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The Maasai community have been living in the Ngorongoro reserve for more than a century

Africa

Tanzania charges Maasai with murder over policeman death

LOLIONDO, Tanzania, Jun 18 – Tanzania has charged 20 Maasai protesters over the killing of a policeman during a demonstration against the government’s decision to cordon off land for wildlife protection, according to a chargesheet seen by AFP Friday.

The clashes erupted last weekend in Loliondo in Ngorongoro district, where Maasai herders protested against the government’s push to reserve 1,500 square kilometres (580 square miles) of land to create a wildlife protection area.

One officer was killed and several protesters were injured during the demonstrations, sparking anger among the Maasai who have accused the government of trying to force them off their land in order to organise safaris and hunting expeditions.

The government has rejected these accusations, claiming that it wants to protect the area from human activity.

Police have now charged 20 of the protesters in connection with the policeman’s killing, according to a chargesheet signed on Thursday, with the case filed at the resident magistrate court in Arusha.

“It is now official, our relatives and our leaders in Loliondo have been maliciously charged (in) a murder case,” Onesmo Olengurumwa, the coordinator of the Tanzania Human Rights Defenders Coalition, said on Twitter on Friday.

“These include those who were illegally detained one day before the killing of the police officer,” he said, adding: “This marks the end of any negotiations.” 

Tanzania has historically allowed indigenous communities such as the Maasai to live within some national parks, including the Ngorongoro conservation area, a UNESCO World Heritage site.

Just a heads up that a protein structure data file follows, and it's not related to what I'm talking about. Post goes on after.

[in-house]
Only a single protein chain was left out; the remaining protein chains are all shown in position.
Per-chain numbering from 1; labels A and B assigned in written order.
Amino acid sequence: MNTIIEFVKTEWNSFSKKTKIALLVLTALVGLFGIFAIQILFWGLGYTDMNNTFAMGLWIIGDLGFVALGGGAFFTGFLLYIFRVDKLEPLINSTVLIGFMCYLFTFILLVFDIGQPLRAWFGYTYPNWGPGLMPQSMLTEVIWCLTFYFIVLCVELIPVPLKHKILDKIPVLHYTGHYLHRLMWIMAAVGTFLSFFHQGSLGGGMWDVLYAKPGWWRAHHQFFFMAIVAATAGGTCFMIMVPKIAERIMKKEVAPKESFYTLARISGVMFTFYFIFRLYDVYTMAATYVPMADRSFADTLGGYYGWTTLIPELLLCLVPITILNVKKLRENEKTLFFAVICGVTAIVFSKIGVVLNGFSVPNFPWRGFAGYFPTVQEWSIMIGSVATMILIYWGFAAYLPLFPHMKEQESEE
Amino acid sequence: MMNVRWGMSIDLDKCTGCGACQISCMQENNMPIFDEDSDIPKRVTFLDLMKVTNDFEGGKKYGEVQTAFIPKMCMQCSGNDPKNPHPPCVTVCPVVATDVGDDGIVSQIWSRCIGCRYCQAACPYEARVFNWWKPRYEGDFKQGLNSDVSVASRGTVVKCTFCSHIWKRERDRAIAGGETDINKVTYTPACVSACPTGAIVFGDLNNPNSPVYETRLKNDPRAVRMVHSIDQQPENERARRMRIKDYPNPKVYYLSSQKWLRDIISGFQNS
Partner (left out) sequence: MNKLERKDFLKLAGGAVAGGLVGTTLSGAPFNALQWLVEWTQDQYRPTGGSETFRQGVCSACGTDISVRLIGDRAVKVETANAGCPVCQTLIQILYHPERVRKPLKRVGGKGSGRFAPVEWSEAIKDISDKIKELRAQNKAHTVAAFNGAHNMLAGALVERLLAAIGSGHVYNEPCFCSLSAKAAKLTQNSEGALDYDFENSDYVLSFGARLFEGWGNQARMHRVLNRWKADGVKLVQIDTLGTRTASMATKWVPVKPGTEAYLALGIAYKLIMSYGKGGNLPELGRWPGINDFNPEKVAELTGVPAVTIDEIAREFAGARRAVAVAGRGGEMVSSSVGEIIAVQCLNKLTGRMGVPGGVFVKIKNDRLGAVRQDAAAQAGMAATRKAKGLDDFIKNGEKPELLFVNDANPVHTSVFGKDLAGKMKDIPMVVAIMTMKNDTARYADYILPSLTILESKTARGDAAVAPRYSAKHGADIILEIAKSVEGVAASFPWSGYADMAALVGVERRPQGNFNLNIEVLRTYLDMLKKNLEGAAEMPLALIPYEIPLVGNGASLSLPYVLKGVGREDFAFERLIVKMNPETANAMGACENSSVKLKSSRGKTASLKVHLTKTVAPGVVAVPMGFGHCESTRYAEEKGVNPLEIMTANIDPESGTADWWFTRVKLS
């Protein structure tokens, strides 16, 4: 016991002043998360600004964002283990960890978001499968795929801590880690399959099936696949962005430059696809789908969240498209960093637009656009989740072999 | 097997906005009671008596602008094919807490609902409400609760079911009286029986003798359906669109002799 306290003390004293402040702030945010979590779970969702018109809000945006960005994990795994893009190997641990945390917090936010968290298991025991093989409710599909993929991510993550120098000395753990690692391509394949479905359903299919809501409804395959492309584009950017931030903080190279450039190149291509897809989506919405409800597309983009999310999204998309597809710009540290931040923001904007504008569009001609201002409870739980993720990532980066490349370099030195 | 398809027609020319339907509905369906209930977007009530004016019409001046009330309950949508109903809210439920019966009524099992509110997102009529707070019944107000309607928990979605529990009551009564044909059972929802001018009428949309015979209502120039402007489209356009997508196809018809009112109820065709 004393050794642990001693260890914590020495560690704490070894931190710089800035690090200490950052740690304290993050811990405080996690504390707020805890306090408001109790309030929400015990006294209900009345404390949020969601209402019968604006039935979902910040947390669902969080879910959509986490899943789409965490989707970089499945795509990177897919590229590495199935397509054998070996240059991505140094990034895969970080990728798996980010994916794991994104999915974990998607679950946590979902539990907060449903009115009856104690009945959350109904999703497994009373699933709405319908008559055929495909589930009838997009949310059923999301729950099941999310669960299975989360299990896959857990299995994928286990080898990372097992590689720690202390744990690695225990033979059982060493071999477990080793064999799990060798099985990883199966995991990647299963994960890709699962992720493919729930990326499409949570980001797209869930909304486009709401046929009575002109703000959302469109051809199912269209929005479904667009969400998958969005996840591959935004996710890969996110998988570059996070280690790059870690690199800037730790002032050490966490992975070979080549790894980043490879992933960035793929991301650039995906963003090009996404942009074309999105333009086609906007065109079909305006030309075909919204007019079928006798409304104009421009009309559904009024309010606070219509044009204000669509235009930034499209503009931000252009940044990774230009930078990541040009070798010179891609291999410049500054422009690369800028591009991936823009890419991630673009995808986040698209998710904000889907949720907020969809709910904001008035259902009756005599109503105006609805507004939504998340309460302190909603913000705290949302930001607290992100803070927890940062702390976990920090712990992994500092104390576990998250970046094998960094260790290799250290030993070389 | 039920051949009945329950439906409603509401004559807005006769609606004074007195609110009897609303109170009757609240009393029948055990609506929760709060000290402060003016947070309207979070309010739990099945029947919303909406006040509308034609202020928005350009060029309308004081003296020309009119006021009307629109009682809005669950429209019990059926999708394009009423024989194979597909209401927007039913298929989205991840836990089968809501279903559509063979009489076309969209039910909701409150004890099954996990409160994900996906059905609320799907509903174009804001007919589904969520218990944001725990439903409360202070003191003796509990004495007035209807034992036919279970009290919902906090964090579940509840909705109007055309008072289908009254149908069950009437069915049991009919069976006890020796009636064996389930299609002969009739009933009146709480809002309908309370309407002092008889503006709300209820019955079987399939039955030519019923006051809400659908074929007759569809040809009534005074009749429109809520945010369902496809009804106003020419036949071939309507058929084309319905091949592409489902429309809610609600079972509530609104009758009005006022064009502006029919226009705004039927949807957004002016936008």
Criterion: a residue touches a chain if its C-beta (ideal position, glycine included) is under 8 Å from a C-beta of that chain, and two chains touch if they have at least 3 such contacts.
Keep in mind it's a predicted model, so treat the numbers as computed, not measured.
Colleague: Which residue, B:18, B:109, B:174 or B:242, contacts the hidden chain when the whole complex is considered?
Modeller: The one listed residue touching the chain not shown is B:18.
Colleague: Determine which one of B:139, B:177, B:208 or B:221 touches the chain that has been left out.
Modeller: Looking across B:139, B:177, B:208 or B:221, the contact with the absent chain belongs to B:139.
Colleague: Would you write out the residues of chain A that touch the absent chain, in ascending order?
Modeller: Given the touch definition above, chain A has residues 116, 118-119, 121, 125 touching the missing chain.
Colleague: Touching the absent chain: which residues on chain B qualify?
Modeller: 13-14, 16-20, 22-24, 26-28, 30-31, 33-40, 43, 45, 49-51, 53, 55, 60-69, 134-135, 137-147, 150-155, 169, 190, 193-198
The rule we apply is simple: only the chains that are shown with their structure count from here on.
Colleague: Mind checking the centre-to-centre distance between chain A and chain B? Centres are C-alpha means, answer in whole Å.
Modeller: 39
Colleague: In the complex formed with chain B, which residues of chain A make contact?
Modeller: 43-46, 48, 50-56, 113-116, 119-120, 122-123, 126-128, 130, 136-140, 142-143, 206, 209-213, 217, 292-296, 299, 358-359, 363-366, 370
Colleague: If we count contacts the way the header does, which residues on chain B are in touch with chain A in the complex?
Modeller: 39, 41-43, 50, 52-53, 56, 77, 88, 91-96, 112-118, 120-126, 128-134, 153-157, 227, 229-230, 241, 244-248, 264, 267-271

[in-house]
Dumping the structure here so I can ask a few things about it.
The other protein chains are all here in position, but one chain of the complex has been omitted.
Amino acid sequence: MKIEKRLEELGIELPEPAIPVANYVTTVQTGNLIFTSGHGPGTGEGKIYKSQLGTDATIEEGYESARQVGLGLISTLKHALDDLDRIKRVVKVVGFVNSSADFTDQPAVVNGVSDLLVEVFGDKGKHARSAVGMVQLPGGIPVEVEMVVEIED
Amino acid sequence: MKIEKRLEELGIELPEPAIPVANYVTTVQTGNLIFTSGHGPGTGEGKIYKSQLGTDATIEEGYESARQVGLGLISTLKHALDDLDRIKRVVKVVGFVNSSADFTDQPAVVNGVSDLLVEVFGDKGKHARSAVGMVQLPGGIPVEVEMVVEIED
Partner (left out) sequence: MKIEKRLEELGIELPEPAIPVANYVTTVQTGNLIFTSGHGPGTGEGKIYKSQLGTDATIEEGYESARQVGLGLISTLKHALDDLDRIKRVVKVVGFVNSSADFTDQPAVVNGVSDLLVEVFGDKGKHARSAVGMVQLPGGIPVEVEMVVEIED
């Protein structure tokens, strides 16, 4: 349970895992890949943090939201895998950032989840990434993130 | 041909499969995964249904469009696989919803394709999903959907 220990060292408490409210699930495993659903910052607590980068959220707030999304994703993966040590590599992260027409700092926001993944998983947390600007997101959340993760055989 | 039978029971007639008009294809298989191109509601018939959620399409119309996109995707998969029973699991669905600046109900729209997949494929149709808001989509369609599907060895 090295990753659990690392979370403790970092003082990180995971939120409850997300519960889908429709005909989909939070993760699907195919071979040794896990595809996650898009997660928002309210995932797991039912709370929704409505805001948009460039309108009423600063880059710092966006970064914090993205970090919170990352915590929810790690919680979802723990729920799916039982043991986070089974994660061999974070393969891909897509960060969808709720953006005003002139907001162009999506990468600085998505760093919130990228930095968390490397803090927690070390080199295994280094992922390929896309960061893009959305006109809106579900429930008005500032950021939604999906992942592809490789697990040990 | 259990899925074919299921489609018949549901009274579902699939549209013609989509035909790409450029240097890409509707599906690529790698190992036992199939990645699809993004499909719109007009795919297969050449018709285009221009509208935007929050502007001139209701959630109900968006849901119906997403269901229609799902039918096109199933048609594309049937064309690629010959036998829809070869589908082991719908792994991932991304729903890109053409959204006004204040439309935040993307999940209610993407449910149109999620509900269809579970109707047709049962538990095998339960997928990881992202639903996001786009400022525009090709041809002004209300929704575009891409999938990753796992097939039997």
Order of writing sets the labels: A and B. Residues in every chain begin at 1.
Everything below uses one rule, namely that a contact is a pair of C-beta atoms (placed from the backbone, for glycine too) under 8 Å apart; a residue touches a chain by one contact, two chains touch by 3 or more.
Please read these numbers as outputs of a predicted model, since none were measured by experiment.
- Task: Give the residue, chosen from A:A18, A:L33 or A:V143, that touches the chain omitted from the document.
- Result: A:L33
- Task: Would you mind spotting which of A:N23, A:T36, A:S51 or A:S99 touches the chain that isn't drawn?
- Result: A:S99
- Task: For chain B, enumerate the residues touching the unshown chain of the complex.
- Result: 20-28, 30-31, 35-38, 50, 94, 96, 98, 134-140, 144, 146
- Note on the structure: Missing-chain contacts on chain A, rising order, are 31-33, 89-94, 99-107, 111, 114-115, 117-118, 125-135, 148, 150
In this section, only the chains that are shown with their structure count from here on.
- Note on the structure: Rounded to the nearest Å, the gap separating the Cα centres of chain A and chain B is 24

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But they now face the threat of eviction, as the authorities contend that their growing population is encroaching on wildlife habitat.

– ‘Depend on grazing’ –

The pastoralists and some local lawmakers believe the demarcation, which will leave herders with access to 2,500 square kilometres out of 4,000, will reduce grazing land in Loliondo.

“The 2,500 square kilometres are already loaded with district offices, hospitals, schools and colleges,” Ngorongoro legislator Emmanuel Ole Shangai said in February as the plans were under discussion.

“Some 23 villages with over 73,000 people depend on the area, (which is) being protected, for grazing,” he added. 

The violence in Loliondo has triggered outrage among campaigners, with Amnesty International describing it as “shocking both in its scale and brutality.” 

“Authorities must halt the ongoing demarcation and security operation in Loliondo, and begin genuine consultations with the community,” it said Wednesday.

Meanwhile, Home Affairs Minister Hamad Masauni has ordered police to investigate all non-profit organisations operating in Loliondo, warning that “their operations should not disturb national security in any way.”

In 2009, thousands of Maasai families were moved from Loliondo to allow an Emirati safari company, Ortelo Business Corporation, to organise hunting expeditions there. 

The government cancelled that deal in 2017, following allegations of corruption.

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